Dr. Kati Macaluso

  • Macaluso, K. (2016).  Entering into Literary Communion: Re-imagining the Relationships Between Readers and Texts in the English Language Arts Curriculum.   
  • Macaluso, K., Macaluso, K., McKenzie, C., McKenzie, C., VanDerHeide, J., & Macaluso, M. (2016). Constructing English: pre-service ELA teachers navigating an unwieldy discipline. English Teaching: Practice & Critique, 15(2), 174-189. (Awarded the Outstanding Research Article Award in 2017)
  • McKenzie, C., Macaluso, M., & Macaluso, K. (2017). Finding Footholds in a Construction Zone:  Navigating the Discourses of English Language Arts with Pre-Service Teachers in the 21st Century. In Innovations in English Language Arts Teacher Education (pp. 5-26). Emerald Group Publishing Limited.
  • Juzwik, M., VanDerHeide, J., Macaluso, K., Perez, N., Macaluso, M., Caughlan, S., Smith, A., McKenzie, C., (2017). Constructing literacies in secondary English: History, discourse, ethics. In K. Hinchman & D. Appleman (Eds.), Adolescent literacy: A handbook for practice-based research. Guilford Press. 129-147.
  • Apol, L. & Macaluso, K. (2016). Using the Author-out workshop to counter students’ assumptions and anxieties about reading and writing poetry.  English Journal, 105(6), 31-35.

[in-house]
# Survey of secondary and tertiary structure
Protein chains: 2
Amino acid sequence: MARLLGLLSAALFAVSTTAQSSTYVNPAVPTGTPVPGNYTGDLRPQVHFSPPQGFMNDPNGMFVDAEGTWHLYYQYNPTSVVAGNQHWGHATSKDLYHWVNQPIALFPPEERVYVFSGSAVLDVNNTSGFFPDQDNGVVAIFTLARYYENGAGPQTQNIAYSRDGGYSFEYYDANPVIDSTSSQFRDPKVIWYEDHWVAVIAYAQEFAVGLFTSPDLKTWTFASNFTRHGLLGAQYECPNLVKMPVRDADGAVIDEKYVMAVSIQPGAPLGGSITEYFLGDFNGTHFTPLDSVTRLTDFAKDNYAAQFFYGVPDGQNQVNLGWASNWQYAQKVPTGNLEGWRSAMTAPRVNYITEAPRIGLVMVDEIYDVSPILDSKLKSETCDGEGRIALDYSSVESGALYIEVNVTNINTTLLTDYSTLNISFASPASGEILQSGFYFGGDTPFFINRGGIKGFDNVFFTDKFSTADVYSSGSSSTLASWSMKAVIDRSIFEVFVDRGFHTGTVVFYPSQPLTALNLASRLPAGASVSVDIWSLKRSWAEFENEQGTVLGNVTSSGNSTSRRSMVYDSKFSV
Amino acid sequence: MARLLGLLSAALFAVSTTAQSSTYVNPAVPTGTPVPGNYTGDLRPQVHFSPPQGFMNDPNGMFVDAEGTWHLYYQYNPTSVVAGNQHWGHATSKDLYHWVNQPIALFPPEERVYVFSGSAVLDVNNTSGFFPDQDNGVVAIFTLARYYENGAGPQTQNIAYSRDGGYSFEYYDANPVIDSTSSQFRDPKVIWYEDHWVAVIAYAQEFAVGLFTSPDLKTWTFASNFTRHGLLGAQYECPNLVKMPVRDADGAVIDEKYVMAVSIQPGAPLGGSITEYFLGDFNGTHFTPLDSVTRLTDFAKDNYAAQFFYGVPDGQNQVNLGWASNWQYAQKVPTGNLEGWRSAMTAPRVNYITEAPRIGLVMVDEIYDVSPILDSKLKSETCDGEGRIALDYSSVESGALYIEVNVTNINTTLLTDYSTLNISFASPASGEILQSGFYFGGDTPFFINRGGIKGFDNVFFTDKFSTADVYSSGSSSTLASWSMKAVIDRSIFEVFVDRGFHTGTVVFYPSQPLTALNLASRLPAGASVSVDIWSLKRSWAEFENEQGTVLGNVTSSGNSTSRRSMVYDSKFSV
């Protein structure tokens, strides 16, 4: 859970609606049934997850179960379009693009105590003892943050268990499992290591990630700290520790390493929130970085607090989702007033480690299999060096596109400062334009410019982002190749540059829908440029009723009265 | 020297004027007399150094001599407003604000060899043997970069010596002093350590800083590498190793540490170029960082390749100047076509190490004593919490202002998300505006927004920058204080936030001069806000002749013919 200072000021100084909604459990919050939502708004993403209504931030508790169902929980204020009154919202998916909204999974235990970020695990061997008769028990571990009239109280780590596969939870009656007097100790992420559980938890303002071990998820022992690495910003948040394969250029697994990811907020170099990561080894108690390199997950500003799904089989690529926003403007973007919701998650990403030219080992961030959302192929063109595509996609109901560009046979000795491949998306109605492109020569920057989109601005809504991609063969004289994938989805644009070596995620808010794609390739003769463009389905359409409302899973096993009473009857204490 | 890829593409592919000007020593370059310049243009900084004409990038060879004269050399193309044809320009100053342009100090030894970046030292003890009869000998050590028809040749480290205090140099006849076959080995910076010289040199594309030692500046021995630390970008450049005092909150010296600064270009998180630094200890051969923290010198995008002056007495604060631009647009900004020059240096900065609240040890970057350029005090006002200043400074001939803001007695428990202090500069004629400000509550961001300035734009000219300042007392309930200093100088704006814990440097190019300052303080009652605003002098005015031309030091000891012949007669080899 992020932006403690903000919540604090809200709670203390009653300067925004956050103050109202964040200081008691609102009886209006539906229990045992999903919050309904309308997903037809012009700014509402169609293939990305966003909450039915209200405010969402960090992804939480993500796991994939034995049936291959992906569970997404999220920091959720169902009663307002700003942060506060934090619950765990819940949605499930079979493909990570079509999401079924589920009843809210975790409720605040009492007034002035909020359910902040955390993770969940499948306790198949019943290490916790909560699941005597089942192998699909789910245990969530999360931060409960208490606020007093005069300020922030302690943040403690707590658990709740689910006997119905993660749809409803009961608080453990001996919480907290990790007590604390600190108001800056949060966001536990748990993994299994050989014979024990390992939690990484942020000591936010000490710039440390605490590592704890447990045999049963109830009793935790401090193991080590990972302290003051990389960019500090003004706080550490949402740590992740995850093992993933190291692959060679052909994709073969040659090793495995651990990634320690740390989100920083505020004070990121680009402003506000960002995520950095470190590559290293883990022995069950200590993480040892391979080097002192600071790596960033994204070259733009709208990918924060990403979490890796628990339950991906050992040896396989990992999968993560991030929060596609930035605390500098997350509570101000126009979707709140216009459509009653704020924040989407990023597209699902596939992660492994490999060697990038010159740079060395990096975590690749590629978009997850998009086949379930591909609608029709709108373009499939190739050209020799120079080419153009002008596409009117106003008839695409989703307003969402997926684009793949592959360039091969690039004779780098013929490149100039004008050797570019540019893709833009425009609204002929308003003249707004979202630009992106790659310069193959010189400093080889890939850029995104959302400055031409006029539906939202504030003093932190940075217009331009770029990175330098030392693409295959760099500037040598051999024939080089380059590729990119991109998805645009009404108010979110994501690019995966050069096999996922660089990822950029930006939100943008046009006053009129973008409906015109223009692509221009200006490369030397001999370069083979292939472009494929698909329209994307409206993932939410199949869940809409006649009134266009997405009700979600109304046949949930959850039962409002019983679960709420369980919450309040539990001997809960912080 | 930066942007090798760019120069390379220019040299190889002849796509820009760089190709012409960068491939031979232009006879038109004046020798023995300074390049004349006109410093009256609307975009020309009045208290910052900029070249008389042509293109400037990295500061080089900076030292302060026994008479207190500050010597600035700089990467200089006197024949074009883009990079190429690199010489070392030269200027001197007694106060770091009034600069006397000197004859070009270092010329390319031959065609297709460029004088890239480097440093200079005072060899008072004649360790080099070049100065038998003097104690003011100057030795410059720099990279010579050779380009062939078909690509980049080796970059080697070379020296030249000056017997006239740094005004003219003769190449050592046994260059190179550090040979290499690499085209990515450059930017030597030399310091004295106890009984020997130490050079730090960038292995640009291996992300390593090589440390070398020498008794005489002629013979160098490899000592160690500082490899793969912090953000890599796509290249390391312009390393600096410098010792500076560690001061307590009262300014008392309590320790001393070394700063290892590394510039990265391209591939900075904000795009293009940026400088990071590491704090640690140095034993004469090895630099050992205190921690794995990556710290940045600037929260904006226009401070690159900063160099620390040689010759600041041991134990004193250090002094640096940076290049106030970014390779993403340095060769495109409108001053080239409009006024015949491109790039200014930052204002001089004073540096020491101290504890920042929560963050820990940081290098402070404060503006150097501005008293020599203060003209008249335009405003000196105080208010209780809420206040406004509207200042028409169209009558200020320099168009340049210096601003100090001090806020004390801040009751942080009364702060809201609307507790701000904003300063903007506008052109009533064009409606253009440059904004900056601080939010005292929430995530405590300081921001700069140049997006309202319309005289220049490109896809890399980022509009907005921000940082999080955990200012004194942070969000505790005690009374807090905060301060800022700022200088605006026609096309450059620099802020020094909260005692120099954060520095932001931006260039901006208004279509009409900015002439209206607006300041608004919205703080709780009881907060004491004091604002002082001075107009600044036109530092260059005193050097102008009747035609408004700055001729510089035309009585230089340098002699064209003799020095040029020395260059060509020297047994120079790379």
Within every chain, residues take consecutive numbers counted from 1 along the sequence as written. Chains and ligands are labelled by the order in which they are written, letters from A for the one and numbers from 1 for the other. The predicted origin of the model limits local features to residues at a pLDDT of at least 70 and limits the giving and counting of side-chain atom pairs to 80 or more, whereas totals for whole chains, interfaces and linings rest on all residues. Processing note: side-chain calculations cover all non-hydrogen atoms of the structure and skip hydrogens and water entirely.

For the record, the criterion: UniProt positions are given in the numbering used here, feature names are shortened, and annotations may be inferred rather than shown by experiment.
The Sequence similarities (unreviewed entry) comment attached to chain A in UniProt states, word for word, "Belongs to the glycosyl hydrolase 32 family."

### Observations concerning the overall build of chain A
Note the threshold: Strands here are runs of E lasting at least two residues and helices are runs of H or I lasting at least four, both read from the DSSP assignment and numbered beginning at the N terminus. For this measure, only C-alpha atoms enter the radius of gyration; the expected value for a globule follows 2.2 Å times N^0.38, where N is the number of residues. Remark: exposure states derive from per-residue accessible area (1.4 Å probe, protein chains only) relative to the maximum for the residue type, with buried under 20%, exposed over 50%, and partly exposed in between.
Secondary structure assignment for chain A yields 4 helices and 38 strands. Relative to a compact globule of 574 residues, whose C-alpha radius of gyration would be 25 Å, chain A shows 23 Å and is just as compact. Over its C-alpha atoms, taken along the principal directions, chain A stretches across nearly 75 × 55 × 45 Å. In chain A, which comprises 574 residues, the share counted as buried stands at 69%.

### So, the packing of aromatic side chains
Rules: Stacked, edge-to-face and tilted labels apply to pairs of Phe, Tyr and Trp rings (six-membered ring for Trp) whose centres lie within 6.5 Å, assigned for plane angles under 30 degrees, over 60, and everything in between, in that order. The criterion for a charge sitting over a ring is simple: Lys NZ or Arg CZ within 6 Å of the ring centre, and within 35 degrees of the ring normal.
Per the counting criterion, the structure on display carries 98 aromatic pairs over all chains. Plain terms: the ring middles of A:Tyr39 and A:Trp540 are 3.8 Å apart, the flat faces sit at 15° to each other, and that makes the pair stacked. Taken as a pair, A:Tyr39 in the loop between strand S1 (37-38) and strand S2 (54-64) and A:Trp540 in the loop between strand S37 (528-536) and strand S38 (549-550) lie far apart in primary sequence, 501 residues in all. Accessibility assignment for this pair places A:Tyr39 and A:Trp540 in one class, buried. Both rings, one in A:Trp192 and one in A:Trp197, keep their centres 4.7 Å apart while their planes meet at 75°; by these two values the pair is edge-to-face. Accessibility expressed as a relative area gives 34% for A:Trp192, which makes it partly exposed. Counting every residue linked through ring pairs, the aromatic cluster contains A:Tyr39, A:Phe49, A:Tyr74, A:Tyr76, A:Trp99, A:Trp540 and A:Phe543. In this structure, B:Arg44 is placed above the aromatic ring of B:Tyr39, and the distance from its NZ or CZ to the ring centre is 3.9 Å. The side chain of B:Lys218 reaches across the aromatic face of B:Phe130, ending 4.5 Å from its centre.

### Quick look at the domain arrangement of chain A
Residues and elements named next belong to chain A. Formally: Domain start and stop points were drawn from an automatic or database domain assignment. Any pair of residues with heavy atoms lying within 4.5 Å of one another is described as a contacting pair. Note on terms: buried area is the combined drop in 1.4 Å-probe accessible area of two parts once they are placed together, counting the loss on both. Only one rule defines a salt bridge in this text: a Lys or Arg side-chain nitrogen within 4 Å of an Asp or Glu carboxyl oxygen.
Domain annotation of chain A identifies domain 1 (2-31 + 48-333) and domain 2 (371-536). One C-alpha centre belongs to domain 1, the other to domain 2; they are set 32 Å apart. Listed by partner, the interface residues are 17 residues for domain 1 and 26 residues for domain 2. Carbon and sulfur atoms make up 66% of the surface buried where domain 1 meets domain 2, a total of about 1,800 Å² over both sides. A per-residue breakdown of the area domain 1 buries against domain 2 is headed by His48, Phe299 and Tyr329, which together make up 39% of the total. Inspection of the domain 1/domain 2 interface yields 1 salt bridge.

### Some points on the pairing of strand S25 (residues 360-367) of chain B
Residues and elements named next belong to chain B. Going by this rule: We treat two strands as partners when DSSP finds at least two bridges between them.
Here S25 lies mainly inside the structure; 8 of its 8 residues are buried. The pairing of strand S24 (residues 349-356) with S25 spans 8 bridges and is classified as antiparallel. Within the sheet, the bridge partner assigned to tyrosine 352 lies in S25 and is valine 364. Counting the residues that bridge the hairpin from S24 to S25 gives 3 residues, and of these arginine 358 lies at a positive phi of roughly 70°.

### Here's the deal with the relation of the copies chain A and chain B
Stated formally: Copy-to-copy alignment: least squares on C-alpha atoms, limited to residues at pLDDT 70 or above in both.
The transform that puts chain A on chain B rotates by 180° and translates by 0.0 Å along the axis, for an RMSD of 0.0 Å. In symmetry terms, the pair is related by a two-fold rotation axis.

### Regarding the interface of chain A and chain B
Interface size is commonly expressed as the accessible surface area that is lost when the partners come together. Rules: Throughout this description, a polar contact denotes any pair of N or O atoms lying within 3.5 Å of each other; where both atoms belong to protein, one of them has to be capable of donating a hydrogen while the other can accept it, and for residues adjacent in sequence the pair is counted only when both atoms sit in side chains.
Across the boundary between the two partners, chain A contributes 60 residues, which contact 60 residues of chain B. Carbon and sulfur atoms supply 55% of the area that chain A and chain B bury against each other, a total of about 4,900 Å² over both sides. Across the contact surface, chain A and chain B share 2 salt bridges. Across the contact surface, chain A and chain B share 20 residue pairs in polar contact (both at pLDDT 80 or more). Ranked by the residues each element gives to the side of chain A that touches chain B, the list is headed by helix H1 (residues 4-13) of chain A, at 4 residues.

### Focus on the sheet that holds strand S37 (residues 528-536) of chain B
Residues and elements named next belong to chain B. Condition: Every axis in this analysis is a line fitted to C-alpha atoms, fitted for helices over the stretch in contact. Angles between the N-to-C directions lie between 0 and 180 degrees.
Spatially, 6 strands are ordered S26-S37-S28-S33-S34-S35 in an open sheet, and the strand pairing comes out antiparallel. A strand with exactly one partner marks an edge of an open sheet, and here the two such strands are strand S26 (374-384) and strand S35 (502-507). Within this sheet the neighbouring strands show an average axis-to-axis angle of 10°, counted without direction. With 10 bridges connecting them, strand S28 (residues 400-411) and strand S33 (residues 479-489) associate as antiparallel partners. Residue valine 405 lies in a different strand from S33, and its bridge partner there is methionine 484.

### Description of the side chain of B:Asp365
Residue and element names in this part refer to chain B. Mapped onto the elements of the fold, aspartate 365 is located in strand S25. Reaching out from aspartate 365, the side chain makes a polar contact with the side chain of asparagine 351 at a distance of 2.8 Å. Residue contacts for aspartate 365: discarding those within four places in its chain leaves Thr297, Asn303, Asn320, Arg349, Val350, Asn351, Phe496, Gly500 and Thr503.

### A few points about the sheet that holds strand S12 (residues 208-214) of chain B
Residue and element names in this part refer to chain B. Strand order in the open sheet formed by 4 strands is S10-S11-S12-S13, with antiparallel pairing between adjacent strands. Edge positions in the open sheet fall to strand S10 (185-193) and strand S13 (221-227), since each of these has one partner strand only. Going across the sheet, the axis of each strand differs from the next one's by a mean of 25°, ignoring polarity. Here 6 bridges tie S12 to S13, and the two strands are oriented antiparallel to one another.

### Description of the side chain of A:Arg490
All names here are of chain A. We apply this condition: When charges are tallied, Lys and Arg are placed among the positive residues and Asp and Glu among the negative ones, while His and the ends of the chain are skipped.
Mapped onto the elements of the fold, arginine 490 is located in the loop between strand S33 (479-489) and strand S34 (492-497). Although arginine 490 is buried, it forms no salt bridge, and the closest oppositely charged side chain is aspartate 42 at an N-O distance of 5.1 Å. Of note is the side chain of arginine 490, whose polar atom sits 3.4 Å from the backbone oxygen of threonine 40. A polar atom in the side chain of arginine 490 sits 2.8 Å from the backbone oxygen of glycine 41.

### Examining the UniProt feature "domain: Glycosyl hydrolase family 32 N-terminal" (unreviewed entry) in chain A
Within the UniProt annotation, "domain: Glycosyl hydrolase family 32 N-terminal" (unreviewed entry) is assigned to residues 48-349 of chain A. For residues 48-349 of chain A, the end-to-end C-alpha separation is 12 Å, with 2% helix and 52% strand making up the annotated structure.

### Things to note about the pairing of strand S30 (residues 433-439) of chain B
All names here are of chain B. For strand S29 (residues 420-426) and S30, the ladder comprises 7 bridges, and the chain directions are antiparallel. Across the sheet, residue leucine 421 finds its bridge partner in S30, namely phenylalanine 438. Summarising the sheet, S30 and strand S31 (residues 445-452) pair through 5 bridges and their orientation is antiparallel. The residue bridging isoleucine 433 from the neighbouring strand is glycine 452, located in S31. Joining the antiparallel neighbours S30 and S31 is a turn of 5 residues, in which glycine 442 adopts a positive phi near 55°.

• Macaluso, K. (2015).  From literary interpretation to poetic translation: Envisioning a Rancièrean emancipatory framework for literature instruction. Reading Research Quarterly, 50(2). 205-218.
  • Macaluso, K., Juzwik, M., & Cushman, E. (2015). Storying our research. Research in the Teaching of English, 50(1).  5-10.
  • Cushman, E., Juzwik, M., Macaluso, K., Milu, E. (2015).  Decolonizing research in the teaching of English(es). Research in the Teaching of English, 49(4), 333-339.

Dr. Michael Macaluso


  • Macaluso, M., & Macaluso, K. (Eds.) (2018). Teaching the canon in 21st century classrooms. Boston, MA: Brill Sense.

Journal Articles

  • Macaluso, M.  (2017). Teaching To Kill a Mockingbird today: Coming to terms with race, racism, and America’s novel.  Journal of Adolescent and Adult Literacy, 61(3), 279-287.
  • Macaluso, M.; Russo, A. (2016).  Respectfully rethinking resistance. English Journal, 106(2), 41-46.
  • Macaluso, K., McKenzie, C., VanDerHeide, J., Macaluso, M. (2016). Constructing English: Pre-service ELA teachers navigating an unwieldy discipline.  English Teaching: Practice and Critique, 15(2), 174-189.
  • Cooper, K.S., Macaluso, M., Stanulis, R.N. (2016).  The interplay between principal leadership and teacher leader efficacy.  Journal of School Leadership, 26, 1002-1032.
  • Macaluso, M. (2016). Reading pedagogy-as-text: Exploring gendered discourses as canonical in an English classroom. Linguistics and Education, 35, 15-25.
  • Cooper, K.S., Stanulis, R.N., Hamilton, E.R., Brondyk, S.K., Macaluso, M., Meier, J. (2016). The teacher leadership process: Attempting change within embedded systems. Journal of Educational Change, 17(1), 85-113.